For now, Ethereum uses proof-of-work mining like Bitcoin and intends to migrate to proof-of-stake when it launches Ethereum 2.0. While proof-of-work is an excellent foundation for robust protocols, it achieves this stability by deliberately slowing down network actions and confirmations. A perfectly acceptable trade-off in Bitcoin’s “digital gold” thesis but a tough sell for the booming world of DeFi.
As long as Ethereum uses proof-of-work, it will struggle to scale participation without incurring massive fees and network congestion. Ethereum 2.0’s proof-of-stake approach will help, but it also introduces significant complexity and execution risk with its approach to scaling, “sharding”, which aims to process transactions simultaneously, rather than consecutively.
Avalanche attacks the scaling challenge from the absolute foundation for decentralized networks, consensus. Protocols in the Avalanche family are capable of achieving sub-second finality, supporting 4,500+ transactions per second, and scaling up to millions of full, block-producing validator nodes participating in consensus.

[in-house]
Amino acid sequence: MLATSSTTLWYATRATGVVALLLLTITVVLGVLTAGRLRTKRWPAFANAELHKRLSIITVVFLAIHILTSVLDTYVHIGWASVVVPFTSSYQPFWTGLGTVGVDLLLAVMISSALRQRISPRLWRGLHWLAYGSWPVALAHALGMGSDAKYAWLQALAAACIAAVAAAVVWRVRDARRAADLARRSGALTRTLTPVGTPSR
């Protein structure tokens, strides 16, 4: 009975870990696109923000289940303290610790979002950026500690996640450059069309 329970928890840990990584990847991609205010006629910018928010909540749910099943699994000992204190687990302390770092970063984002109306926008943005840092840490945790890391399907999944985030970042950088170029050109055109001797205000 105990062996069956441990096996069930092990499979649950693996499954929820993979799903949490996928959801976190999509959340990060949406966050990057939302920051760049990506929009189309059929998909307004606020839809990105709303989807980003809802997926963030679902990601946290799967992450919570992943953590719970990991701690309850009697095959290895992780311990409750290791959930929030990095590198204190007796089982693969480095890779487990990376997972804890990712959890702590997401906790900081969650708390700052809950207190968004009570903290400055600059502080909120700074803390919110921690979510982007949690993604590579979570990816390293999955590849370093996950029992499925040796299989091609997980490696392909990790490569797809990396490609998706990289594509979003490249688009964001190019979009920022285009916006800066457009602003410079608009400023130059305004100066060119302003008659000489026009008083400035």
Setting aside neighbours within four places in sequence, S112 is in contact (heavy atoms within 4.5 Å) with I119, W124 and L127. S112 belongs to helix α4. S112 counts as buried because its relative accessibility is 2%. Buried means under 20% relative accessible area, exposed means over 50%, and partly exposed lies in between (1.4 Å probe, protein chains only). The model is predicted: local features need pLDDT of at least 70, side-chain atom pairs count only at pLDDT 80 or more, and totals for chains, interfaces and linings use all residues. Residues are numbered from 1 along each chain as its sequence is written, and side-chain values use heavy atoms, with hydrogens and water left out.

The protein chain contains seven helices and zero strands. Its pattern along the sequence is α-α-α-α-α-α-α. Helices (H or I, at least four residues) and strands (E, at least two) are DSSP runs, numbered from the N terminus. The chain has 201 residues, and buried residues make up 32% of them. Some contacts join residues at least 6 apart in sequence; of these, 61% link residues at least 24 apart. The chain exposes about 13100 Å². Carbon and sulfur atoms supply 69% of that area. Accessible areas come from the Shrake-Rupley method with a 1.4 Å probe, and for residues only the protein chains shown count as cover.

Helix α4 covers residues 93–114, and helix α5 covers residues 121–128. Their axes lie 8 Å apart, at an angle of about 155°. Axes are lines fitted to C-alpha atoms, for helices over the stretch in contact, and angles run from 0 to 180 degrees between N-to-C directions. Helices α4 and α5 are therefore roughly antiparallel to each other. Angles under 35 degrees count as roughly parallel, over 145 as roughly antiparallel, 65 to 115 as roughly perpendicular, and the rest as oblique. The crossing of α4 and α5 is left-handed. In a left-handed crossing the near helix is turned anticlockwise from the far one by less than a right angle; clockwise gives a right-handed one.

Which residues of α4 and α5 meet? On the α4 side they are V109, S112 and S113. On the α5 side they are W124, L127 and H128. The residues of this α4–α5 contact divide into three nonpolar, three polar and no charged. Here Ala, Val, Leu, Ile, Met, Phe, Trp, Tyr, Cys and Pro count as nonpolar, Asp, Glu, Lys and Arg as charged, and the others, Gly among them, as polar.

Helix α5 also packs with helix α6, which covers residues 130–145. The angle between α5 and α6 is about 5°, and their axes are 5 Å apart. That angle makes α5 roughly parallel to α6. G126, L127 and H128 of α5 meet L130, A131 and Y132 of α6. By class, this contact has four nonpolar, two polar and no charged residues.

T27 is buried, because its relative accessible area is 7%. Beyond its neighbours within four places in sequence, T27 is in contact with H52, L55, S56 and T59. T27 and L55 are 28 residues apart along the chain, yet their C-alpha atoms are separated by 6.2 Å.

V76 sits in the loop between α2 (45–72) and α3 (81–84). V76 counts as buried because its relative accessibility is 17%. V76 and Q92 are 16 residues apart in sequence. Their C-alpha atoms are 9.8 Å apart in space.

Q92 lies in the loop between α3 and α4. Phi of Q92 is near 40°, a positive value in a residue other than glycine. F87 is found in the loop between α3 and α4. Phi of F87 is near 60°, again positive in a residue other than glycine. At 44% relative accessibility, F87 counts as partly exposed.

Unlike Ethereum, where applications have to compete for the same finite pool of network resources–which drives up fees for all participants–apps on Avalanche can run in their own independent blockchains validated by a dynamic, custom set of validators, known as subnets. These subnets are still connected to the broader ecosystem of chains on Avalanche, but now their relationships are purely value-adding (e.g. cross-network value transfer) rather than competitive.
Not only does this enable the creation of private subnets, it also allows developers to define the rules, economics, participants, and security of their implementation.
Similar to how we cherry-picked our favorite parts of Bitcoin, we’re implementing some of the amazing innovations of Ethereum and the EVM, while changing the core mechanics to make it faster, lighter, and cheaper to run.